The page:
Hawk had a touch of the busybody in him. Here he is, sticking his nose in the tack room as P. is giving us a talk about bridles:

I am kind of bad remembering people's names, and not much better remembering people's names. So, I know that's Hawk in the middle, and I think that's Sedona on the right. What I love about this otherwise mediocre shot is that Sedona's ears are flat back. Is he is temporarily ticked off at somebody? That happens, in a herd.

I think this is Silver, one of my friend's favorite rides. I include this shot to show how close the pastures are to the house. You can stand on the front porch and practically hear the horses muching hay.

I don't recall the names of these two, but breakfast comes very early on a ranch. And horses get fed before people do.

This is one of the ranch's Mustangs. The brand on the neck is put there by the U.S. Bureau of Land Management. It tells the reader who can interpret it when and where the BLM captured this horse. Or sold it. Or something like that:

Mustangs have a sort of Roman nose, making them look a little more like a wild horse than a Thoroughbred, for example. But they're not technically wild, they're feral, because they are descended from domesticated horses.

Anyhoo, regardless of their ancestry, horses have wonderful coats and wonderful whorls and patterns within those coats. Here's a good example of horse hair coming together in different directions:

When you brush a horse's coat, you want to brush in the direction it grows. It's more comfortable for them, that way. Although I suspect these babies wouldn't object if you brushed them the wrong way. They are beautifully trained--gentle and peaceful giants.

They made my week in Wyoming magical.

Next up, an accidental cattle drive!

Tuesday, September 27, 2011

Wyoming, Close Up

Last week I took a glorious trip to Wyoming. There, my friend and her husband own a horse ranch in a beautiful, flat valley rimmed by low mountains. Their house is filled with lovely things that reflect their interest in Nature and the American West. Looking around, I was struck by the many different textures that add interest to their belongings. Here are some close-up glimpses taken inside their home:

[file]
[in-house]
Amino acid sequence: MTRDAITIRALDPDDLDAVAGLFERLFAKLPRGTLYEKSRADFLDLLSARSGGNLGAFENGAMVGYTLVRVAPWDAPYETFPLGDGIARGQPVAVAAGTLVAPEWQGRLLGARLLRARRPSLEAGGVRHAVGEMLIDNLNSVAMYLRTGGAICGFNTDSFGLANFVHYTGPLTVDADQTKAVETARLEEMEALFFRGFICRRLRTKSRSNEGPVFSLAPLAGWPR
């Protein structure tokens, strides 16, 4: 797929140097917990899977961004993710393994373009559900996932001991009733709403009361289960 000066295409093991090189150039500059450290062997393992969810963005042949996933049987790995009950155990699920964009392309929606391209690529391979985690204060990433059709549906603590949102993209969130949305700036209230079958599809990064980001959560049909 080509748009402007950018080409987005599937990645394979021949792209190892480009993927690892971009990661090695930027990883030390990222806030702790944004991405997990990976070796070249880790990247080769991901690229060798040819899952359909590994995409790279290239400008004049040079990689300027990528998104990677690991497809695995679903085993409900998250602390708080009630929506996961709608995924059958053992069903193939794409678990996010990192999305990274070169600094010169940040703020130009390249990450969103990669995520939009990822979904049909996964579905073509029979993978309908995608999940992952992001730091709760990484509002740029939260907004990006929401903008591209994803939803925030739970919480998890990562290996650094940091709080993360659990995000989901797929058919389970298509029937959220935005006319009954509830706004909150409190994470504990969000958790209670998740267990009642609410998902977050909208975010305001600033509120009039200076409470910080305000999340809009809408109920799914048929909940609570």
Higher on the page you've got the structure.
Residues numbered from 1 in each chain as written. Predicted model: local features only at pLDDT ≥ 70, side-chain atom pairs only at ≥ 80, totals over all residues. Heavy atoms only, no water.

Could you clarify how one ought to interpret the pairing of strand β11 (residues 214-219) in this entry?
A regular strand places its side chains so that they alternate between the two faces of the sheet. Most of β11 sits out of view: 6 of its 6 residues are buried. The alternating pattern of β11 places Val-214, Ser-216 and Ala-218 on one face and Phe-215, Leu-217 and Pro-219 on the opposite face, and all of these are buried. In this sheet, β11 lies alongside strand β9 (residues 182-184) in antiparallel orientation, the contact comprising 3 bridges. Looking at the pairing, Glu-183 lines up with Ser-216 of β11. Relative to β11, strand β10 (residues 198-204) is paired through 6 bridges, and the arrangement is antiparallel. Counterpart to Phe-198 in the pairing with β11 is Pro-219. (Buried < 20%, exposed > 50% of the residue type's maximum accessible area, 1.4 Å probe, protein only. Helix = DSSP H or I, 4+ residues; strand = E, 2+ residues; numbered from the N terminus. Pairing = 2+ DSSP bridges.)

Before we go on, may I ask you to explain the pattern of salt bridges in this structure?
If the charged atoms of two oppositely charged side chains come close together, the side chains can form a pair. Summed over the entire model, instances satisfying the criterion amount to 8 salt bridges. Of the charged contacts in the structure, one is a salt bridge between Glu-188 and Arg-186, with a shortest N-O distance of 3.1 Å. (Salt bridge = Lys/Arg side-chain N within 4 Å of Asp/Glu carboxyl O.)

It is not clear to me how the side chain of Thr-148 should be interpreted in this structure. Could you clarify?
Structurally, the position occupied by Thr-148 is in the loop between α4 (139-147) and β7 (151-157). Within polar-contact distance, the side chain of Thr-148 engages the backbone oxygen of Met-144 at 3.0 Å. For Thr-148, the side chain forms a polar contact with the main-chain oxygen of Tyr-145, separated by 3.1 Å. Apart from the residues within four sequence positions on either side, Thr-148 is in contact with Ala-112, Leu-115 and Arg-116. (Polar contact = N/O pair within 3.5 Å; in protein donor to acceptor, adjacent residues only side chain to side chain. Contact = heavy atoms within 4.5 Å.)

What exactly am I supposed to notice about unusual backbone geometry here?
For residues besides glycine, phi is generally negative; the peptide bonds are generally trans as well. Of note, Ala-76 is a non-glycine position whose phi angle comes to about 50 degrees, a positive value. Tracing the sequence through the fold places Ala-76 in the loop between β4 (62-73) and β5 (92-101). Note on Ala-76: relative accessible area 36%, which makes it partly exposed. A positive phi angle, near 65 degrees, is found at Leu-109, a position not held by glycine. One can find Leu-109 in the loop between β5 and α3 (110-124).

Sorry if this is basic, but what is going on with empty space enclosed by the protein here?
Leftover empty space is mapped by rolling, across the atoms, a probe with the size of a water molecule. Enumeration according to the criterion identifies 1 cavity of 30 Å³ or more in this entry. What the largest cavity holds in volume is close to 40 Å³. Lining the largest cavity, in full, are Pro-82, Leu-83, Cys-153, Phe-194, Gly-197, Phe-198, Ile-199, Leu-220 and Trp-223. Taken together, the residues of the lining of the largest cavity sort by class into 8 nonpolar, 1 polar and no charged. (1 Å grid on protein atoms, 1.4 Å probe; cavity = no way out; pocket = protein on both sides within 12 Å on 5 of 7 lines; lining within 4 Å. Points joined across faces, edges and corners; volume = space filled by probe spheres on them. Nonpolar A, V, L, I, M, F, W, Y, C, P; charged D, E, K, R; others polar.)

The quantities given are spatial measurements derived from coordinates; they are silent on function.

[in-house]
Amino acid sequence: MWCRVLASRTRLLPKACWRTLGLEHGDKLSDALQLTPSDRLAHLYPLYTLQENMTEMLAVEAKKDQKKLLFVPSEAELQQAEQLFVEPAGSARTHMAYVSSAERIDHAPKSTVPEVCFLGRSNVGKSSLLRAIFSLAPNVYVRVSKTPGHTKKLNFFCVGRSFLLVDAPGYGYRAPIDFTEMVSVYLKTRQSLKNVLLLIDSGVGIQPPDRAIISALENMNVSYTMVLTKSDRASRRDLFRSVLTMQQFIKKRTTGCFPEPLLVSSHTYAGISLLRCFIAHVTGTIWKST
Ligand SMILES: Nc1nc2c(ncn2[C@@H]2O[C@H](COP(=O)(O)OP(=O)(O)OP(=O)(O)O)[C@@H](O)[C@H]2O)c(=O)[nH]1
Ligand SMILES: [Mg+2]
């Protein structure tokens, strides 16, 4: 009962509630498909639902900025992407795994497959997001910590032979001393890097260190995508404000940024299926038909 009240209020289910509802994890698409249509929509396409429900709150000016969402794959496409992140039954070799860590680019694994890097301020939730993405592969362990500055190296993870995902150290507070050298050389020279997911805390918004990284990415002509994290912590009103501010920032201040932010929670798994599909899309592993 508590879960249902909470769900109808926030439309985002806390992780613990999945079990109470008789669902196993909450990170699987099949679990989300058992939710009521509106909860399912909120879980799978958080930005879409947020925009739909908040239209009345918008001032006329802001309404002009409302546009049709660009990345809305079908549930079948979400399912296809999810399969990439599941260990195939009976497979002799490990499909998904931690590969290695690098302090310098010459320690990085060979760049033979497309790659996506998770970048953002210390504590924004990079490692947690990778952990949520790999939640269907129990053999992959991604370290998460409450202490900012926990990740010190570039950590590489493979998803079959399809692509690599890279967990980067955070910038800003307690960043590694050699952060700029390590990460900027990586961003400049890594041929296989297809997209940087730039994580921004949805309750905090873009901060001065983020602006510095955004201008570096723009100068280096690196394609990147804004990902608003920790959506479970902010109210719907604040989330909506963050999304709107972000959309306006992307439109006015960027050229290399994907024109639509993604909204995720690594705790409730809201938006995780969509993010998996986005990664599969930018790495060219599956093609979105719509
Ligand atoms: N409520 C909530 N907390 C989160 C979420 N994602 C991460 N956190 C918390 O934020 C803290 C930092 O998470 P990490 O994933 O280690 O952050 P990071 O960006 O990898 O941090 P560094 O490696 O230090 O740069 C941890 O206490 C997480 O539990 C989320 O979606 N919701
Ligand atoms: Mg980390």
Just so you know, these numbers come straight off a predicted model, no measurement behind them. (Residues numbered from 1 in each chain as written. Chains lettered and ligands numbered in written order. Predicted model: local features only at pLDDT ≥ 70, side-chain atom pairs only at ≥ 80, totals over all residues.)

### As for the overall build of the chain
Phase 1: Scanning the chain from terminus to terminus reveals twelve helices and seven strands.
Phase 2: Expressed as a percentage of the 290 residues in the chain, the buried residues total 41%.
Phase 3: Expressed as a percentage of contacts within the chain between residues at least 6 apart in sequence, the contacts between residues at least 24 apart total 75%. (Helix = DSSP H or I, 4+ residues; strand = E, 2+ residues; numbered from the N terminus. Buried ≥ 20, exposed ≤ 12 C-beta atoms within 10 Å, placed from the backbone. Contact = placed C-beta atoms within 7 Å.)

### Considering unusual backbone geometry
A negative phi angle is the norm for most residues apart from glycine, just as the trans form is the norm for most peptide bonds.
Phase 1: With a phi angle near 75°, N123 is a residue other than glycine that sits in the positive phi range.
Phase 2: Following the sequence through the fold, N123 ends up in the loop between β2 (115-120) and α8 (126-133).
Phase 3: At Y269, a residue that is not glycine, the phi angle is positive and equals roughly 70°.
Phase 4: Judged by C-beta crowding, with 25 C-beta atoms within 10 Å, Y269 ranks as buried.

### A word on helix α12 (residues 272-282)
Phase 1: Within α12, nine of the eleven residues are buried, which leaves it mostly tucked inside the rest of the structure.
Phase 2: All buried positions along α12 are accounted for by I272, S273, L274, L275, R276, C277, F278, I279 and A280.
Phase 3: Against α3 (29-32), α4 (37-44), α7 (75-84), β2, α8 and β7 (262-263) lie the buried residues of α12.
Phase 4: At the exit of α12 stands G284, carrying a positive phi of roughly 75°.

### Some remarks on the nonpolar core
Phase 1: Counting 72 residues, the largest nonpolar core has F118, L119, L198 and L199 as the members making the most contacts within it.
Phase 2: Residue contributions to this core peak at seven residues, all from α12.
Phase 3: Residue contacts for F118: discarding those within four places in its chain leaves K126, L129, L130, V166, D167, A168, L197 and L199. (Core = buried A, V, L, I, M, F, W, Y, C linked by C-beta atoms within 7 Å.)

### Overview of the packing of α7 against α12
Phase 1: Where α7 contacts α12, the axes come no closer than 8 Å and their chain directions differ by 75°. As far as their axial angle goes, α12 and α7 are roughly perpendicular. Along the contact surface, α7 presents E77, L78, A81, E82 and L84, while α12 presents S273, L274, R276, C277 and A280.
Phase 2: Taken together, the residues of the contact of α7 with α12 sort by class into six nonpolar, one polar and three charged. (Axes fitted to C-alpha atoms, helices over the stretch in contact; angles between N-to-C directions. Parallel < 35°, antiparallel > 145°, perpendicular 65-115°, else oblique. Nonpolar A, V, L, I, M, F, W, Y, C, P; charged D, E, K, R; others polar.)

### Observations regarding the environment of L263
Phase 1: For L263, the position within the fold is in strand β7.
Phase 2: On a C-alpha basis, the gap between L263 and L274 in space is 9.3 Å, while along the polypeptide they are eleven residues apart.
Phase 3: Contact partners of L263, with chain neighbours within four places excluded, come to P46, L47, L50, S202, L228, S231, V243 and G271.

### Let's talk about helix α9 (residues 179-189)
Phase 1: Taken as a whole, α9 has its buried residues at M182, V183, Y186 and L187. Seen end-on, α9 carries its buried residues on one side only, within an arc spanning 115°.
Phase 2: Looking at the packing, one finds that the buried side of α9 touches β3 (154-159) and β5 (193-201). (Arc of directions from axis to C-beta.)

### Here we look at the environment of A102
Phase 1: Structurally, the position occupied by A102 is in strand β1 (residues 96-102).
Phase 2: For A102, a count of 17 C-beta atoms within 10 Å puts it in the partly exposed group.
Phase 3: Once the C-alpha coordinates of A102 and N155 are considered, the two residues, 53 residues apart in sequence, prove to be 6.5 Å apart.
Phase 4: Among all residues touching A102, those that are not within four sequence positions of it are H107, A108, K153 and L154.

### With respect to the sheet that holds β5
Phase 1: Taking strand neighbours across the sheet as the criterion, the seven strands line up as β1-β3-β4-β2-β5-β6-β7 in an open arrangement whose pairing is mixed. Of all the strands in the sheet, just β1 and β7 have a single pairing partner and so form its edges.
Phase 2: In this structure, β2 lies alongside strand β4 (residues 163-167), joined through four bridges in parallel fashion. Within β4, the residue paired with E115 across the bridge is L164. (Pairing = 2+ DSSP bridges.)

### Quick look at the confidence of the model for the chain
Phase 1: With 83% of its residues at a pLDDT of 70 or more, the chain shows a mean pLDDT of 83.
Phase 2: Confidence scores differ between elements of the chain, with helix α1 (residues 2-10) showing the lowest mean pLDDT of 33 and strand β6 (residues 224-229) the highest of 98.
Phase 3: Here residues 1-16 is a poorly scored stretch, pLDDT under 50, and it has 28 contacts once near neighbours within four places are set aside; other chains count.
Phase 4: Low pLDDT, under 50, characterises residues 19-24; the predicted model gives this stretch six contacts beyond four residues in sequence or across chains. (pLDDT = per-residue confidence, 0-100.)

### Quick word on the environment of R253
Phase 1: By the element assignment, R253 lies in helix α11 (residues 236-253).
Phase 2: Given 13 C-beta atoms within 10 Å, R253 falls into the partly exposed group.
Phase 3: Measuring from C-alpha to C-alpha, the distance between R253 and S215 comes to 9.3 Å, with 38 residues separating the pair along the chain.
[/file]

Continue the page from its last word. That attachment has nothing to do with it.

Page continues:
Elk horn and butcher-block wood

Table runner, chair seat, and woven rug

Butcher-block table, sheepskin, and woven rug

Leather, whole-branch furniture, and woven rug

Beaten metal, brick, and heart-shaped stone

Leather and brass studs

Beaten metal, brick, and stones (background)

Some sort of totally cool, cactus-y looking plant

Woven rug, stitched leather, and worn binoculars

Verdigris metal, milk glass, and stone

Black beans, pottery, and granite

Outside, there were some wonderful textures, too. My friend has 14 horses and teaches horsemanship, which means there are barns, hay bales, tack rooms, pastures, fences, practice arenas and--of course--horses.

More textures, taken from outside:

Dried hay, painted metal

Pea gravel, stitched leather, and denim

Yellow coneflower seed head, petals, and leaves

Stacked, split wood

Grasses, pines, and sky

Rope halters, leather tips, and painted wood

Worked leather, metal fittings, braided rope

Tooled-leather, two-color Western saddle

Plastic with mylar, untreated wood, pea gravel

Extruded-foam float toys, plastic beach balls, pea gravel

Mane and neck hair on a bay horse

PVC pipe, pea gravel, fabric flowers

Worn leather, denim, simulated-wood decking

Petunias and daisies

Thistle head, leaves, pea gravel

Eyelashes, facial hair, and mane on a bay horse

Dead tree and sky

Split-open log with beetle tracks

Apple core, old log, beetle tracks

Neck hair and mane on a strawberry roan horse

Autumn leaf

Berry or seed head

Dry grass, hoof, metal nails, horse hair

Aspen leaves

Skin, yellow and white gold, strawberry, concrete pavers

Petunias and bumblebee

Tomorrow, I'll post more photos of her fabulous horses--the heartbeat of the ranch. Until then, here's a Wyoming sunset for you: